Most big cities have become more racially segregated: study

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An alarming new report has revealed that a majority of the country’s biggest cities are even more segregated today than they were more than 30 years ago.

Nearly 81% of the country’s metropolitan centers — 169 out of 209 cities — are more segregated than in 1990, according to a new study, with cities such as Providence, Rhode Island, and Salt Lake City, Utah, seeing notable increases.

Cities considered the most segregated include New York — which ranks No. 1 — as well as Chicago, Milwaukee, Detroit, Los Angeles and Philadelphia, among others.

While a few Southern cities are considered some of the most segregated metropolitan areas in the US — such as Miami (ranking No. 5) and New Orleans (tied for No. 10 with Beaumont-port Arthur Texas) — others in the region also saw the greatest decrease, including Miami, as well as Savannah, Georgia, and San Antonio, Texas.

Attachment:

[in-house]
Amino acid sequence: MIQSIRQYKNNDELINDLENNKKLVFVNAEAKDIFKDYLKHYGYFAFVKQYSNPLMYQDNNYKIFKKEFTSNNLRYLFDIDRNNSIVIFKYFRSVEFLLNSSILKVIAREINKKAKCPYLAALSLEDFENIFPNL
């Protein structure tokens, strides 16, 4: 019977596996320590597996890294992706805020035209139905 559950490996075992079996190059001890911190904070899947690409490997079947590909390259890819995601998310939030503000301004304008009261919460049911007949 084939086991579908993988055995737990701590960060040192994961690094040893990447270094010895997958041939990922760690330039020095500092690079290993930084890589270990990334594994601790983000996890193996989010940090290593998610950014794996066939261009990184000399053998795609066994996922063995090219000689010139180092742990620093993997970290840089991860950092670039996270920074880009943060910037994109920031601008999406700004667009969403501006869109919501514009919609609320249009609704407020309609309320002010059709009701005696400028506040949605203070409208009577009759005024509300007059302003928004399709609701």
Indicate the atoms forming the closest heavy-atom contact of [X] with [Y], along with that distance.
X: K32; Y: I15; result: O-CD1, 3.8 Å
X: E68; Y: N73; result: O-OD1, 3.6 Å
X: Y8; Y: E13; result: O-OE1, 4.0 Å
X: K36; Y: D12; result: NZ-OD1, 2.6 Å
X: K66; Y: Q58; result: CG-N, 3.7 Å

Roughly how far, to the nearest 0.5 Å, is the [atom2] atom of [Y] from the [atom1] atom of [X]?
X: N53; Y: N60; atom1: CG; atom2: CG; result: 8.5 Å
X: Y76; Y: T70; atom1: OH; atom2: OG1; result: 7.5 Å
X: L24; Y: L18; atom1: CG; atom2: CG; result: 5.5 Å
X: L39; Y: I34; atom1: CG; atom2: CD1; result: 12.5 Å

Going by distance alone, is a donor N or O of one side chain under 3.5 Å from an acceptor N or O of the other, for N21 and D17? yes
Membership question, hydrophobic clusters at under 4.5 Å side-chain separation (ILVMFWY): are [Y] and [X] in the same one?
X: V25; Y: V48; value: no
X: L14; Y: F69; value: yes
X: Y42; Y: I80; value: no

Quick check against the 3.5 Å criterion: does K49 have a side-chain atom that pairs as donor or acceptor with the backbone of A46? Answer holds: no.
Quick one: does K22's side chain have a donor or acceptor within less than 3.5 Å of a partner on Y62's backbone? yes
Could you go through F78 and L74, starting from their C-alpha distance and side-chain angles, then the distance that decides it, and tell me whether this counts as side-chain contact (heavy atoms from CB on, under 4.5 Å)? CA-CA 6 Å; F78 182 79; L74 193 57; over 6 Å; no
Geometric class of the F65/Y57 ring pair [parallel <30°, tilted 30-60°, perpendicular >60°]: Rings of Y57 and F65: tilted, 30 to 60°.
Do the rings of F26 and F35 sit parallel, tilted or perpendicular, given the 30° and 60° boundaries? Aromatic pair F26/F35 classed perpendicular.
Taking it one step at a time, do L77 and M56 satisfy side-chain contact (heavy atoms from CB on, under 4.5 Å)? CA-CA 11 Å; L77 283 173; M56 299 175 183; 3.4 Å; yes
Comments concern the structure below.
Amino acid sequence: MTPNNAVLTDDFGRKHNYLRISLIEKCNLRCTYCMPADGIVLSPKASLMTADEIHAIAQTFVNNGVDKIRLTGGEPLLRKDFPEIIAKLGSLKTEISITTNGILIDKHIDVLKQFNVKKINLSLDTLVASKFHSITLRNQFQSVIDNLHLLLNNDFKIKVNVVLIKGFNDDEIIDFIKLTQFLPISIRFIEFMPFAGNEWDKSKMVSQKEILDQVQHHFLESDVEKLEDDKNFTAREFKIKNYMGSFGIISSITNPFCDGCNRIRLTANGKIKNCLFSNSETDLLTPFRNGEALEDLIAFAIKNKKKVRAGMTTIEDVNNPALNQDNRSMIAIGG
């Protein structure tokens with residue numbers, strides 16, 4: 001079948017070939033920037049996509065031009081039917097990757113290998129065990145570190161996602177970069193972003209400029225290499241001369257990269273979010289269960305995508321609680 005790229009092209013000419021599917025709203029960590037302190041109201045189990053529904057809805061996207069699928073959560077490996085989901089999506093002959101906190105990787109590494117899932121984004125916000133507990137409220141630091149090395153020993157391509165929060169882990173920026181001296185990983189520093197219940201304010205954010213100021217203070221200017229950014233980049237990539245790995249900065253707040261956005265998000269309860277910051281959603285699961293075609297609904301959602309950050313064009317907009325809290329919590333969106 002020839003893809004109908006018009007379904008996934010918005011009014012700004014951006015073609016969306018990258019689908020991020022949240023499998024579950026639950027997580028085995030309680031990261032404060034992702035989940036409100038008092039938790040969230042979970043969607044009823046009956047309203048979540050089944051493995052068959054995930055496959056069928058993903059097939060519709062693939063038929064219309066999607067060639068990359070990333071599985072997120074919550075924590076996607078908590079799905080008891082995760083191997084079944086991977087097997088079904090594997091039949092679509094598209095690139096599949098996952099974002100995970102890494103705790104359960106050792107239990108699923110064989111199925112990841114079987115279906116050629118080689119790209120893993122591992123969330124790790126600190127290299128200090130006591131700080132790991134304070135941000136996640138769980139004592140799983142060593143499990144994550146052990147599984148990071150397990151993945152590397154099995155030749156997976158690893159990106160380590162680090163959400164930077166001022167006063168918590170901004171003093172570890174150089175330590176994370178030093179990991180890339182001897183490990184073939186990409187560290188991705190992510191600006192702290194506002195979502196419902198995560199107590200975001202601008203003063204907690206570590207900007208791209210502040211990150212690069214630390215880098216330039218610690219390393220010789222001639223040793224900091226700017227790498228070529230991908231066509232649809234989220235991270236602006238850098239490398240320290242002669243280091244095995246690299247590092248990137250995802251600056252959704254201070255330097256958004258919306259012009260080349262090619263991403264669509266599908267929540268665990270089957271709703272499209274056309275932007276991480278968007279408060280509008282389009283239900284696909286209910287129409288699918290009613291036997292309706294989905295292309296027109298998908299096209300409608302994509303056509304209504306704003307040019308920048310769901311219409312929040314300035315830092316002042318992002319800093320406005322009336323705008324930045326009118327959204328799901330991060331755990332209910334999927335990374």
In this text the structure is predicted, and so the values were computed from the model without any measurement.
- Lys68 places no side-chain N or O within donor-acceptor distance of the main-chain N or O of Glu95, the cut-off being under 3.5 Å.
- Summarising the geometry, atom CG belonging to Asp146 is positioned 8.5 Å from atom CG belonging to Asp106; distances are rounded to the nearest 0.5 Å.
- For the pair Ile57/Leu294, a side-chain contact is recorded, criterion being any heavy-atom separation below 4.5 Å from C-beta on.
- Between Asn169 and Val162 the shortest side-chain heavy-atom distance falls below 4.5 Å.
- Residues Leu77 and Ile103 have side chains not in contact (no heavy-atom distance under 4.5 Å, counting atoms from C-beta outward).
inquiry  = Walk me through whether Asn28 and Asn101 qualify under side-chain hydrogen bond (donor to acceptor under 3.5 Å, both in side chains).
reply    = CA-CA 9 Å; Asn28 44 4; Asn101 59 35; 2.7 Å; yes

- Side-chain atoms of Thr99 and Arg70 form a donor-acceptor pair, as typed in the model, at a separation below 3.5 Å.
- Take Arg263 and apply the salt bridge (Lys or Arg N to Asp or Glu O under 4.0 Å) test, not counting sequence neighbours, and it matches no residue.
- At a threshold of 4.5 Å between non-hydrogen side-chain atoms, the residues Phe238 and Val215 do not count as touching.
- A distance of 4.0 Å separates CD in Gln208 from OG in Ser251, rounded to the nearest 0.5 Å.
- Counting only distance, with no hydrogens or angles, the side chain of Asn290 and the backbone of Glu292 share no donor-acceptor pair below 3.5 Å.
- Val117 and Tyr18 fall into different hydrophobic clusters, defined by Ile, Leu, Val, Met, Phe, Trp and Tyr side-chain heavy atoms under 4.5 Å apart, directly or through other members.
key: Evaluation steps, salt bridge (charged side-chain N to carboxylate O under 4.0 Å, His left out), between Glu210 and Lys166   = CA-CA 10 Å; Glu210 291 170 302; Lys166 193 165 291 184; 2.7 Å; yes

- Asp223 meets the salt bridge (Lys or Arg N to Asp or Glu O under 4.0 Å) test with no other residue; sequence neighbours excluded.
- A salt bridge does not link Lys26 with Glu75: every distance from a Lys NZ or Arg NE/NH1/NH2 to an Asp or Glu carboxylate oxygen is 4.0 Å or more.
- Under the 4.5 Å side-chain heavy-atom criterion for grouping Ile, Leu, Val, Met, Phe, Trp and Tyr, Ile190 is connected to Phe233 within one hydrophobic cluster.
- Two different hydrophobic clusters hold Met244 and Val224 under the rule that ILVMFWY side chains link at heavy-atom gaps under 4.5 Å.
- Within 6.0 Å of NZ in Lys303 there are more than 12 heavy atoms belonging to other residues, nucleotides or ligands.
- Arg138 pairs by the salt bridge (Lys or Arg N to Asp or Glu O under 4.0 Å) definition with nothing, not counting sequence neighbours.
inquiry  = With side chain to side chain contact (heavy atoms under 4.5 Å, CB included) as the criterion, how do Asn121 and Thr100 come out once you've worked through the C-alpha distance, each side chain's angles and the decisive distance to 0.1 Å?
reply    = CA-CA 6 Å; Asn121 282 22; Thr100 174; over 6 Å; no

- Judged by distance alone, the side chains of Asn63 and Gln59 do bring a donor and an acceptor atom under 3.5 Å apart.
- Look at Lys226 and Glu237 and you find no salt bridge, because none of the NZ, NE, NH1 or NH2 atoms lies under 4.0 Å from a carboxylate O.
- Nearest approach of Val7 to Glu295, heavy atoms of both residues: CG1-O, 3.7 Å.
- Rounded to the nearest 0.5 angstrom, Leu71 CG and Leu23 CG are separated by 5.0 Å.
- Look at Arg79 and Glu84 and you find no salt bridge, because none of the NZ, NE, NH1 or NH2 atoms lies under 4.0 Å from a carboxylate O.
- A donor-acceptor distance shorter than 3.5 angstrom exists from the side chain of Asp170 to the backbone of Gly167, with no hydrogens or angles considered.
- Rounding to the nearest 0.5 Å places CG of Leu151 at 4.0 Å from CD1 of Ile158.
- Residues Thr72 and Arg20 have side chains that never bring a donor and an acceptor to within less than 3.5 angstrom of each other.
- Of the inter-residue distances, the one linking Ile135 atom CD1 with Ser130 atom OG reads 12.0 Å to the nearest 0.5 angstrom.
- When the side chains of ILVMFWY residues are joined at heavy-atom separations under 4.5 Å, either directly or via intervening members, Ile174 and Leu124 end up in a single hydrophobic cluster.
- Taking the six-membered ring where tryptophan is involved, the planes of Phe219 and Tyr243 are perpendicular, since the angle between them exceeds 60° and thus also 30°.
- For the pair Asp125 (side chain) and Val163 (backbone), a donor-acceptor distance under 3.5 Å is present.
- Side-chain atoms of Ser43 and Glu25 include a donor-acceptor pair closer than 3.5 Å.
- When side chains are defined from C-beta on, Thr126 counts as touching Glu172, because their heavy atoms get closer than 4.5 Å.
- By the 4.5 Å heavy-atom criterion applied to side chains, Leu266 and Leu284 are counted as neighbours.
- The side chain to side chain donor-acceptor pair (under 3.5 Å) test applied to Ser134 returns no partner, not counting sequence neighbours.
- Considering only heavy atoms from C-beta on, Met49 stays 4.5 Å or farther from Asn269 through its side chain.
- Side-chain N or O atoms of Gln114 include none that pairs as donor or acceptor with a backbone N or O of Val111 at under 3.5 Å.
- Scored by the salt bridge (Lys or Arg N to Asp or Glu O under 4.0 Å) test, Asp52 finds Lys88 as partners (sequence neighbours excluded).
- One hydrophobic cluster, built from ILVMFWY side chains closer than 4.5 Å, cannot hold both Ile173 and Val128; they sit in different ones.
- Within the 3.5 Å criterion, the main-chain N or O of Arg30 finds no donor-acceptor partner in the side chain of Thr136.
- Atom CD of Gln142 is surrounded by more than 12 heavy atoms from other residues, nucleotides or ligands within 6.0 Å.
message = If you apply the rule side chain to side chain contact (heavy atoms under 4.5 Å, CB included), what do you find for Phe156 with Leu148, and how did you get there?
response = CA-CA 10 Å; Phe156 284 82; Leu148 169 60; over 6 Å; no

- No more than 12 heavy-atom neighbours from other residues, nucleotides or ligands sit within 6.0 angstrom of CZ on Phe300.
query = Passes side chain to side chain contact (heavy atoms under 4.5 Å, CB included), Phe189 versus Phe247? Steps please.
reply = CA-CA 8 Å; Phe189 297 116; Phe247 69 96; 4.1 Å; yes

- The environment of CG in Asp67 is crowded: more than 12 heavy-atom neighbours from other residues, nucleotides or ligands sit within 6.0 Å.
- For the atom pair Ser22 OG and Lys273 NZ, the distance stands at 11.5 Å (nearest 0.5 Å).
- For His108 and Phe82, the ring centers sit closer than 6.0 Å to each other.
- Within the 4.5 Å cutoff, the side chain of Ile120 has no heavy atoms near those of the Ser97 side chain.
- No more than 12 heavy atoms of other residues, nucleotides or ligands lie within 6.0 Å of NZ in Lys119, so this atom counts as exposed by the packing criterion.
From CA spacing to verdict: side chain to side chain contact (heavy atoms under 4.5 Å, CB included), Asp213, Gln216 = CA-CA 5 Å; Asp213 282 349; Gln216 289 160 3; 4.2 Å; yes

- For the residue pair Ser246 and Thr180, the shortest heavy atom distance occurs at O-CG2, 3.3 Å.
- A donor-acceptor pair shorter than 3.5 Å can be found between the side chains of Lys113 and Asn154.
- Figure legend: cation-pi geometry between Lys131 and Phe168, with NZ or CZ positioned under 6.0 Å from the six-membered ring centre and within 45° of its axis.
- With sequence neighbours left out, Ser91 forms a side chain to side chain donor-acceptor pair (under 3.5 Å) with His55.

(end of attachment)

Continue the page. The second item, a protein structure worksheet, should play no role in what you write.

The new report by the University of California Berkeley’s Othering & Belonging Institute, which “flies in the face of prevailing perceptions that the US has become less segregated since the Civil Rights era,” found that a majority of regions with more than 200,000 residents were more segregated in 2019 than they were in 1990.

“These findings were as startling as they were disturbing,” said Stephen Menendian, the institute’s assistant director and lead author of the project, in a Berkeley news release.

The study found that communities of color continue to face higher unemployment, lower incomes, lower home values and higher dropout rates than do white people. Conversely, researchers also found that black and Latino children raised in integrated communities earn $1,000 and $844 more per year, respectively, as adults; those brought up in majority-white communities fared even better, seeing salaries at $4,000 and $5,000 more, compared to those who come from segregated communities of color.

“Too few people understand that racial residential segregation lies at the heart of this inequality,” Menendian said. “This is evidenced by how residential segregation determines access to schools, healthy neighborhoods, jobs and surveillance by police.”

Menedian added that the US is “in a dire spot with respect to race,” according to CNN. “We have a greater awareness that there is clearly a problem of structural racial inequality, but there’s a lack of awareness of the nature of the problem.”

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